ROME — Though late taking off, Italy’s homevideo market is flying high.

Billings last year for rental and sell-through were a combined $ 700 million, making the country the biggest Euro market after the U.K. and Germany. Tradesters expect the figure to grow by 10% this year.

Sell-through, which increased 25% in 1992, is growing faster than rental, fueled by kidtoons and Disney titles like “Fantasia” and “Beauty and the Beast.” Pirate cassettes of “Snow White” sell like hotcakes. The theory is that, with Italy having one of the world’s lowest birth rates, parents are lavishing more and more care (in the form of vids) on their fewer and fewer sprigs.

Each Italian family spends an average of $ 95 a year on tapes; $ 70 of that is on sell-through items, way above the $ 38 Euro average. Even the Brits spend only $ 55 average on sell-through, out of a total spend of $ 105.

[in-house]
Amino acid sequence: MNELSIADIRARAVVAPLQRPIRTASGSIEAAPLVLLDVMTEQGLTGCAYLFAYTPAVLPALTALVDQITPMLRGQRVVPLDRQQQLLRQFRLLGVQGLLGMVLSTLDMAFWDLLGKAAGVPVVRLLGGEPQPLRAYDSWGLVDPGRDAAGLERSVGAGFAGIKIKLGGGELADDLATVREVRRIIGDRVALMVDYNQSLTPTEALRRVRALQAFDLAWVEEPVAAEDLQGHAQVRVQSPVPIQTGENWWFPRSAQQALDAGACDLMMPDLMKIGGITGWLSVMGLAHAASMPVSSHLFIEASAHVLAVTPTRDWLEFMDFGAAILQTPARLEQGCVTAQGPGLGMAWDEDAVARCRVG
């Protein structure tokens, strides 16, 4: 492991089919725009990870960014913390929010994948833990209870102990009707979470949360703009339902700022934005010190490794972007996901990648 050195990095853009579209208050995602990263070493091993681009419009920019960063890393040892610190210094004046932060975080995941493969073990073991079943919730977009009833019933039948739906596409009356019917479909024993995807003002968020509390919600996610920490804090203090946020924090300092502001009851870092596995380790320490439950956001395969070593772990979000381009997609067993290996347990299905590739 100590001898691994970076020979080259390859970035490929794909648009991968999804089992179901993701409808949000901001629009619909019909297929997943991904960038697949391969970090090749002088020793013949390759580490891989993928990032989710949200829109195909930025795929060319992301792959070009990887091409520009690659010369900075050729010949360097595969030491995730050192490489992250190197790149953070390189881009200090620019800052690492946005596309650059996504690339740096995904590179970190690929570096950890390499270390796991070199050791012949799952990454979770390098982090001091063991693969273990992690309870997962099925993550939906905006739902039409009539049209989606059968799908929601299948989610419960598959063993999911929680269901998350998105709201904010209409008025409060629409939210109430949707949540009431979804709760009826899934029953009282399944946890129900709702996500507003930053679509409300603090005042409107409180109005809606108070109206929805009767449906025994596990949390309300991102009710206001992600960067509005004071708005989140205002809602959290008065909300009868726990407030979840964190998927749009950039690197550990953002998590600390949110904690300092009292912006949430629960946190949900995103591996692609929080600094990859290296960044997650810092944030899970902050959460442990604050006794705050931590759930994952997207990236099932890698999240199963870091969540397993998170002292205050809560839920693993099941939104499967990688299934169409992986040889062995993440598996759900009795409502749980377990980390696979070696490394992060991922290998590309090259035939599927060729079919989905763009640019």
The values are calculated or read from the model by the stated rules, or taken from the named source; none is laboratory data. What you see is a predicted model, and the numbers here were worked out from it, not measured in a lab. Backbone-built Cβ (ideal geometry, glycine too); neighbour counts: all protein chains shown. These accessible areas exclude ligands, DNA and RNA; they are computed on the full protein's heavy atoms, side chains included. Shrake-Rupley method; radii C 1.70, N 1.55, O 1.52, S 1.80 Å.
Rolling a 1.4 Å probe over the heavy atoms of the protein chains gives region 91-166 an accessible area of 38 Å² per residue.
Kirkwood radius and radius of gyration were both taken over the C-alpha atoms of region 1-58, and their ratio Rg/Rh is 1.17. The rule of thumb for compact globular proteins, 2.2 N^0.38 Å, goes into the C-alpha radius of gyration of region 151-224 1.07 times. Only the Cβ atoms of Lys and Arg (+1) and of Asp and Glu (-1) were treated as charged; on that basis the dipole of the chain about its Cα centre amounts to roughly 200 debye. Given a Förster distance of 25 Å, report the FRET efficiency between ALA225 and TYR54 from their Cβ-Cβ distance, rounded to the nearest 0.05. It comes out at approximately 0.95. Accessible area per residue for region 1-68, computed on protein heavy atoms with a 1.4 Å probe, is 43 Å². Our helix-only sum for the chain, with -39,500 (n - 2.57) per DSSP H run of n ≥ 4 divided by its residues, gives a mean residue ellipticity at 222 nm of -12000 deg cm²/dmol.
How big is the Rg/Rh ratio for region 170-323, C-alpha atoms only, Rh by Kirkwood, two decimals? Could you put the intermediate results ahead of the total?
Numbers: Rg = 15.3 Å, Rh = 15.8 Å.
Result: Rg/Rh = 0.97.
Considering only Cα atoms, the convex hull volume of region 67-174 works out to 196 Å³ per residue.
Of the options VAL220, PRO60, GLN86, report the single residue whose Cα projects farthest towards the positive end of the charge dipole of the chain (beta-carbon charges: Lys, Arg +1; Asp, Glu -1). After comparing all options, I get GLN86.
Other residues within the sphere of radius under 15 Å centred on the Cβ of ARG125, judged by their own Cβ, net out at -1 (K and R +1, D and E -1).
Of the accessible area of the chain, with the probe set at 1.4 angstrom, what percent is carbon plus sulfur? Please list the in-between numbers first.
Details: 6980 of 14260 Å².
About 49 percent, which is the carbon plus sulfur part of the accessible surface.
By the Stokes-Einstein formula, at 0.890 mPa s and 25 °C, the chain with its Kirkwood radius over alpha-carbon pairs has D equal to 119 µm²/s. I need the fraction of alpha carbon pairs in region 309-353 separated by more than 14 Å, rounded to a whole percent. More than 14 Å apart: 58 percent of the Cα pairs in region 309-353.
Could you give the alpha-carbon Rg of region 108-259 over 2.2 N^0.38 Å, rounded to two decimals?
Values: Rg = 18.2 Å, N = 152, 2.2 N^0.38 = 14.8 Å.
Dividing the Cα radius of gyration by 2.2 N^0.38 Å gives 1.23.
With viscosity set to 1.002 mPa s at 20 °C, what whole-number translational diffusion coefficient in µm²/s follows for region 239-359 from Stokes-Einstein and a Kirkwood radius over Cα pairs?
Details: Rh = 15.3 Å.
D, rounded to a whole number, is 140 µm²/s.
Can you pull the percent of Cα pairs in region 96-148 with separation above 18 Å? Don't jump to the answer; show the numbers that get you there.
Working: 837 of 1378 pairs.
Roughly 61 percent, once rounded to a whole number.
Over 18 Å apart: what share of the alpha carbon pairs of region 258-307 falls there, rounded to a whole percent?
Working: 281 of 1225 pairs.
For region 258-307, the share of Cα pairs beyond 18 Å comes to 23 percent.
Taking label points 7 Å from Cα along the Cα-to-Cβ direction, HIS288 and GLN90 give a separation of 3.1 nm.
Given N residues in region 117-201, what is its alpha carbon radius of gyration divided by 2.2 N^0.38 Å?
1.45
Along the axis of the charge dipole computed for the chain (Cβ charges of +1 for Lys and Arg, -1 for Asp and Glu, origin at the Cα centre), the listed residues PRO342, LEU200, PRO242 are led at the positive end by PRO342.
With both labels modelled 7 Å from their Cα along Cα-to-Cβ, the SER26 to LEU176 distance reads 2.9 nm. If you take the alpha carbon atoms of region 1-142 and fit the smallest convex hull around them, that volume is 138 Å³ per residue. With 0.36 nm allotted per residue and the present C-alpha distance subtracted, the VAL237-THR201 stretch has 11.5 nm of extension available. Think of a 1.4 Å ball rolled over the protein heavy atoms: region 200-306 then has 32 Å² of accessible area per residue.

Penta leads the rental market, followed by RCA/Columbia, Warner and CIC (Paramount/Universal).

In sell-through, Disney is the heavyweight champ, with a strong contender in RCS Video with its Vivivideo, Panarecord and Club del Video labels.

Some 54% of TV homes are expected to own a VCR by early next year, according to industry estimates. In 1988, the figure was a mere 14%.

Specialized vidshops, mostly small family-owned concerns, are still the favored outlets. Big chains like Blockbuster are unknown here, though retail outlets like Standa and Rinascente are starting to include homevid sections. Record stores and supermarkets also have increasingly well-stocked vid sections.

Neighborhood newsstands remain one of the most popular places to pick up a video, especially docus and porn titles.

Piracy is still a major problem, with Italy accounting for the biggest losses in Europe. Though police regularly raid duplicating centers, legislation is soft; convicted pirates are rarely sentenced.

Estimates of the piracy rate vary widely, from 15% by the Italian Copyright Assn. to 45% by RCA/Col chief Francesco Fanti. Speaking at last fall’s Venice festival, Motion Picture Export Assn. of America topper Jack Valenti claimed that half of the cassettes circulating here were illegally duped.

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